Overview of Chios Mastic Gum (Pistacia lentiscus) Effects on Human Health

2. Anti-Inflammatory Properties

Inflammation constitutes the common pathogenetic substrate for many acute and chronic diseases. It represents the human’s immune system response to various stimuli, such as pathogens, toxic compounds and damaged cells, regulated by a variety of endogenous factors, including cytokines, growth factors and activated cells [6]. There are two types of inflammation, acute and chronic. While acute inflammation usually refers to a short-term activation of the immune system as a response to an external trigger, chronic inflammation may occur in the absence of any specific stimuli, resulting in the development of many chronic diseases. It is now well established that several chronic disorders, such as connective tissue and inflammatory bowel diseases, diabetes mellitus, cancer and cardiovascular disorders share, to a lesser or greater degree, common pathogenetic mechanisms involving inflammation [7].

There is now an emerging body of evidence to support the anti-inflammatory activity of Chios mastiha. This anti-inflammatory action seems to be performed via the inhibition of the production of pro-inflammatory substances. In particular, administration of both solid and liquid types of mastiha seems to inhibit prostaglandin secretion along with inducible nitric oxide synthase (iNOS) and cyclooxygenase (COX)-2 expression by macrophages at both protein and mRNA level in animal experimental models [8]. In vitro, mastiha blocks the expression of the adhesion molecules VCAM-1 and ICAM-1 by TNF-alpha-stimulated human aortic endothelial cells, thereby interfering in endothelial activation that is recognized as the primary event of the atherosclerotic process [9].

Data derived by human studies are also in the same direction (Table 2). In a small clinical study including 10 patients with mild or moderately active Crohn’s disease recruited to treatment with mastic caps for 4 weeks (2.2 g/day), a significant decrease in the activity index of the disease and the plasma levels of interleukin-6 and CRP compared to baseline was observed, while no significant side effects were reported [10]. In the same patient cohort, a remarkable reduction in TNF-a secretion following treatment with mastic caps was later reported, suggesting an additional inhibitory mechanism of monocyte chemotaxis, thus providing more support to the role of mastiha as immune system regulator [11].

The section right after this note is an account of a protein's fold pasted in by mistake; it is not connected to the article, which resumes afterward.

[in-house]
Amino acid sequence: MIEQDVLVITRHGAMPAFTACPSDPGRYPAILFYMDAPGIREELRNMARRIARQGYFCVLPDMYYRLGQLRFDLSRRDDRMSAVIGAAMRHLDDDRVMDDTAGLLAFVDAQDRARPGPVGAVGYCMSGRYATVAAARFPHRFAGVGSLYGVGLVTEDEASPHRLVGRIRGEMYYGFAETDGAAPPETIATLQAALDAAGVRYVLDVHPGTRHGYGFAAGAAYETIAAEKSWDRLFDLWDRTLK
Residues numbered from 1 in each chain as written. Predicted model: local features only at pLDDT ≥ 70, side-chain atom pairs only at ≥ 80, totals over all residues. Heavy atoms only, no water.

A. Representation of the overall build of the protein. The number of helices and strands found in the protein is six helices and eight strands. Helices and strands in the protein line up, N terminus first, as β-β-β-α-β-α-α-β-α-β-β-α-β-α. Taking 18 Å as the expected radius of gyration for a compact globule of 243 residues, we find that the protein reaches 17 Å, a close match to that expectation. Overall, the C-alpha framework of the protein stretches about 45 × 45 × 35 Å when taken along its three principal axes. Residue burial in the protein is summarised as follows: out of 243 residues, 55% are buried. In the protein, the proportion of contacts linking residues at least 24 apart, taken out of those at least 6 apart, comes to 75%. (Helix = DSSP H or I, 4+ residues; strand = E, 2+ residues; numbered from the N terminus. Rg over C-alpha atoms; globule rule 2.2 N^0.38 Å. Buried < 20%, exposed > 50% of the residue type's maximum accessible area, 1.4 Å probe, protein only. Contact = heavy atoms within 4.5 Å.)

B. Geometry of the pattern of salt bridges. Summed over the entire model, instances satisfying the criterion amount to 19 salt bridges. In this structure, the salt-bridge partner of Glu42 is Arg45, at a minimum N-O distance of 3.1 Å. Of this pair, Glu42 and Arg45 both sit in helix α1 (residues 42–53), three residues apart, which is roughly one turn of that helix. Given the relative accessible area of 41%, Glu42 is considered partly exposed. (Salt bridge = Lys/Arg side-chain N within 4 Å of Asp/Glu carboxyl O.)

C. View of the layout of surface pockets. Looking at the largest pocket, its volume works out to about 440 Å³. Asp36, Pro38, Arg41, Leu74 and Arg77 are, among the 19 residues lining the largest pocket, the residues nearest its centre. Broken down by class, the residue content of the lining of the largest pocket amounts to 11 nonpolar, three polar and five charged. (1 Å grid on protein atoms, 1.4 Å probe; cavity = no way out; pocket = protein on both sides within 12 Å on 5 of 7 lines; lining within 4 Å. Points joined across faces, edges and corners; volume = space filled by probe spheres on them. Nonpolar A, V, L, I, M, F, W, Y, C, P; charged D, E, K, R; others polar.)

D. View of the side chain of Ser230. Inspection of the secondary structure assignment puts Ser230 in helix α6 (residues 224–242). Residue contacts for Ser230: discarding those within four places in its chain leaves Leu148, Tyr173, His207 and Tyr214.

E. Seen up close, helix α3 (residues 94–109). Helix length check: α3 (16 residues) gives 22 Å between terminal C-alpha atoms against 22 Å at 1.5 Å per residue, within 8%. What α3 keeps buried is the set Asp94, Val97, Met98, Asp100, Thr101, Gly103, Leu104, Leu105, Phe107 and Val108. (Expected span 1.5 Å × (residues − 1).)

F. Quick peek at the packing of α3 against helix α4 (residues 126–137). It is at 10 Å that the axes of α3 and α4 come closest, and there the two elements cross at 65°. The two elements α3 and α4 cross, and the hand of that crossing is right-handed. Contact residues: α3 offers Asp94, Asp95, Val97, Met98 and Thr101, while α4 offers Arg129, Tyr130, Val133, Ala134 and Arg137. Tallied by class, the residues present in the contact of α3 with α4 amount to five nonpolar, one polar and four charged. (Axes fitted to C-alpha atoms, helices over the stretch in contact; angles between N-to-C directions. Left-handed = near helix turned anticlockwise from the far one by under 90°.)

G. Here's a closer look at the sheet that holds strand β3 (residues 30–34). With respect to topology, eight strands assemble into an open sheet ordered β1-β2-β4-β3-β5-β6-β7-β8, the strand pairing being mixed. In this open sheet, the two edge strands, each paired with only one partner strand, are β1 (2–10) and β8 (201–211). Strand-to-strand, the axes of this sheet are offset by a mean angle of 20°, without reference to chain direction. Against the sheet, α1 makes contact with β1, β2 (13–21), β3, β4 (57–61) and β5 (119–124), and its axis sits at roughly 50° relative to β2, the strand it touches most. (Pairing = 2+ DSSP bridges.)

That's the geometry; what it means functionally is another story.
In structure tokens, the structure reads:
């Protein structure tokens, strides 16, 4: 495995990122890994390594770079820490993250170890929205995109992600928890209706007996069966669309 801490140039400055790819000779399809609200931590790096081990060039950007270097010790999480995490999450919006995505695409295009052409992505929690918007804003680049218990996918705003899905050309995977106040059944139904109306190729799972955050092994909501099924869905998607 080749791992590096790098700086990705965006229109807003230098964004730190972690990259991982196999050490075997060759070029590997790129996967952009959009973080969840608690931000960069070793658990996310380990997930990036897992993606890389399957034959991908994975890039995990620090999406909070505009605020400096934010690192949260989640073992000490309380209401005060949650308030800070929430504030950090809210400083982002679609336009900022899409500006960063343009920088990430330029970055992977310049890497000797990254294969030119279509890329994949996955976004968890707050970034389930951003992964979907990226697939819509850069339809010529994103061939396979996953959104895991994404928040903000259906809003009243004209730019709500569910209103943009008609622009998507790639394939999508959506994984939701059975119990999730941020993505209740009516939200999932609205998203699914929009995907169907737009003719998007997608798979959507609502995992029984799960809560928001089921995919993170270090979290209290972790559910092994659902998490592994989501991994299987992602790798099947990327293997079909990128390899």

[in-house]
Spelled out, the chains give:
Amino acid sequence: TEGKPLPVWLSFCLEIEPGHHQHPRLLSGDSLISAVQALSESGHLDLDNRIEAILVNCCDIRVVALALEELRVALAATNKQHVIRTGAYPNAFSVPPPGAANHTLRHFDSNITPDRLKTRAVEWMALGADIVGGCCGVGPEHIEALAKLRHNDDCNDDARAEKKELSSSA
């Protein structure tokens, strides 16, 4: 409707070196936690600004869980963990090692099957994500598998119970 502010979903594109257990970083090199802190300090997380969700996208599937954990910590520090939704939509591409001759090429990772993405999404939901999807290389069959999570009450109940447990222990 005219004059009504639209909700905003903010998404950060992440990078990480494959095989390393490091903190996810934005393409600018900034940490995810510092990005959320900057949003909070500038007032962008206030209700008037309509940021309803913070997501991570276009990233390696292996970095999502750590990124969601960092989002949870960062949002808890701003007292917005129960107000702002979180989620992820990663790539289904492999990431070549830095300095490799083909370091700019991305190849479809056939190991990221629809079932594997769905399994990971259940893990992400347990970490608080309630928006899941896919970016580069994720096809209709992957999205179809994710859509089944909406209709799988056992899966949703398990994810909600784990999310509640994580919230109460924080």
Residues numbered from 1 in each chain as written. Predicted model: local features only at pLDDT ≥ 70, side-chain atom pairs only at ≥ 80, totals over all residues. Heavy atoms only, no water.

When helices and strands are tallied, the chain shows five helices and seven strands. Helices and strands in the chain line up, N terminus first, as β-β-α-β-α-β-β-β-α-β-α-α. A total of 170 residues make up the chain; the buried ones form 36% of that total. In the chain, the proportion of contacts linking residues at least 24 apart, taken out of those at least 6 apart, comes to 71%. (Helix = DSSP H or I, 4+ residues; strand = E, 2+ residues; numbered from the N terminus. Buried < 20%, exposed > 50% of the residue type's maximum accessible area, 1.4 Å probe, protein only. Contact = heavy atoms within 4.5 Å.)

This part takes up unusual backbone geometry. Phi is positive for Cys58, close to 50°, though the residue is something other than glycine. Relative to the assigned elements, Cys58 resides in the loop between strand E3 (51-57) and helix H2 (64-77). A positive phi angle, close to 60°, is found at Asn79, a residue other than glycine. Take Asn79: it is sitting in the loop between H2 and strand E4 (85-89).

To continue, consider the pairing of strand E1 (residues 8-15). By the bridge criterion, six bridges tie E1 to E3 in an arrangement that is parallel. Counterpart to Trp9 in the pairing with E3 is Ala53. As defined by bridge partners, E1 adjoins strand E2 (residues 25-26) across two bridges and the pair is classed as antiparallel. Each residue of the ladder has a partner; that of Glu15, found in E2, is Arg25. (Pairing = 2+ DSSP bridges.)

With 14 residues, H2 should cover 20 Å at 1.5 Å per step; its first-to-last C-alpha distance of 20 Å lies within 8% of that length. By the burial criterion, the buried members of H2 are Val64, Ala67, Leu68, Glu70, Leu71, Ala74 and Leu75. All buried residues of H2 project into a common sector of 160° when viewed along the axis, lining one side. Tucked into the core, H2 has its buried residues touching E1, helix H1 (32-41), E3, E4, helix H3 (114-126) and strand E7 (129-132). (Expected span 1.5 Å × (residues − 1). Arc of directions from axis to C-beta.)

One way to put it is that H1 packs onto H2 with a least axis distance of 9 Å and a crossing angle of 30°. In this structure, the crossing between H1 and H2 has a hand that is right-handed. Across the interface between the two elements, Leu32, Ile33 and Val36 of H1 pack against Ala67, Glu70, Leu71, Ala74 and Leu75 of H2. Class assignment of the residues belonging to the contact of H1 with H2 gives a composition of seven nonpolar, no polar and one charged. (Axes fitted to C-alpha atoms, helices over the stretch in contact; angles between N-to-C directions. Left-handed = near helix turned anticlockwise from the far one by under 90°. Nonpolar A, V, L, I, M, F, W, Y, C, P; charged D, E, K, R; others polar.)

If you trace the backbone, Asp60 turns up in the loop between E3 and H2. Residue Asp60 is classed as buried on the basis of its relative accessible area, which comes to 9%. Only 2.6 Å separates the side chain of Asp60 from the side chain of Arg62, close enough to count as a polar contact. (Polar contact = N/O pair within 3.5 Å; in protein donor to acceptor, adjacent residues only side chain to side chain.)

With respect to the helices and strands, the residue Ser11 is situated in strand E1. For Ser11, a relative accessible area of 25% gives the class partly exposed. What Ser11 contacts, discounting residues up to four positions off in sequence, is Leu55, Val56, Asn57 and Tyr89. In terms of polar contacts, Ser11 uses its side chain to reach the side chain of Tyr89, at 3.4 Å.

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Based on the findings of this pilot study, in 2019, Papada et al. designed and performed a randomized controlled trial to further investigate the impact of mastiha on patients with inflammatory bowel disease. A total of 60 patients were randomly assigned to receive either mastiha (2.8 g/day) or placebo for 3 months adjunct to standard medication. Patients treated with mastiha had a significant decrease in faecal lysozyme compared to patients on placebo, indicative of lower disease activity. In addition to this, a significant improvement in Inflammatory Bowel Disease Questionnaire scores reflecting a beneficial effect on patients’ quality of life was observed in the mastiha arm compared to the baseline [12]. When the same protocol was applied to 68 patients with inactive inflammatory bowel disease for 6 months, in contrast to controls, patients allocated to mastiha as add-on treatment to standard medication presented no increase in interleukin-6 or in faecal biomarkers calprotectin and lactoferrin, which are neutrophil-derived proteins whose concentrations typically rise in patients with gastrointestinal mucosal inflammation [14]. Recent data support that mastiha treatment interferes in the regulation of Th17 cell function and differentiation, resulting in increased serum levels of interleukin-17A that is considered to play a protective role in the development and relapse of inflammatory bowel disease [15]. Figure 1 summarizes the most important pathogenetic and clinical effects of mastic.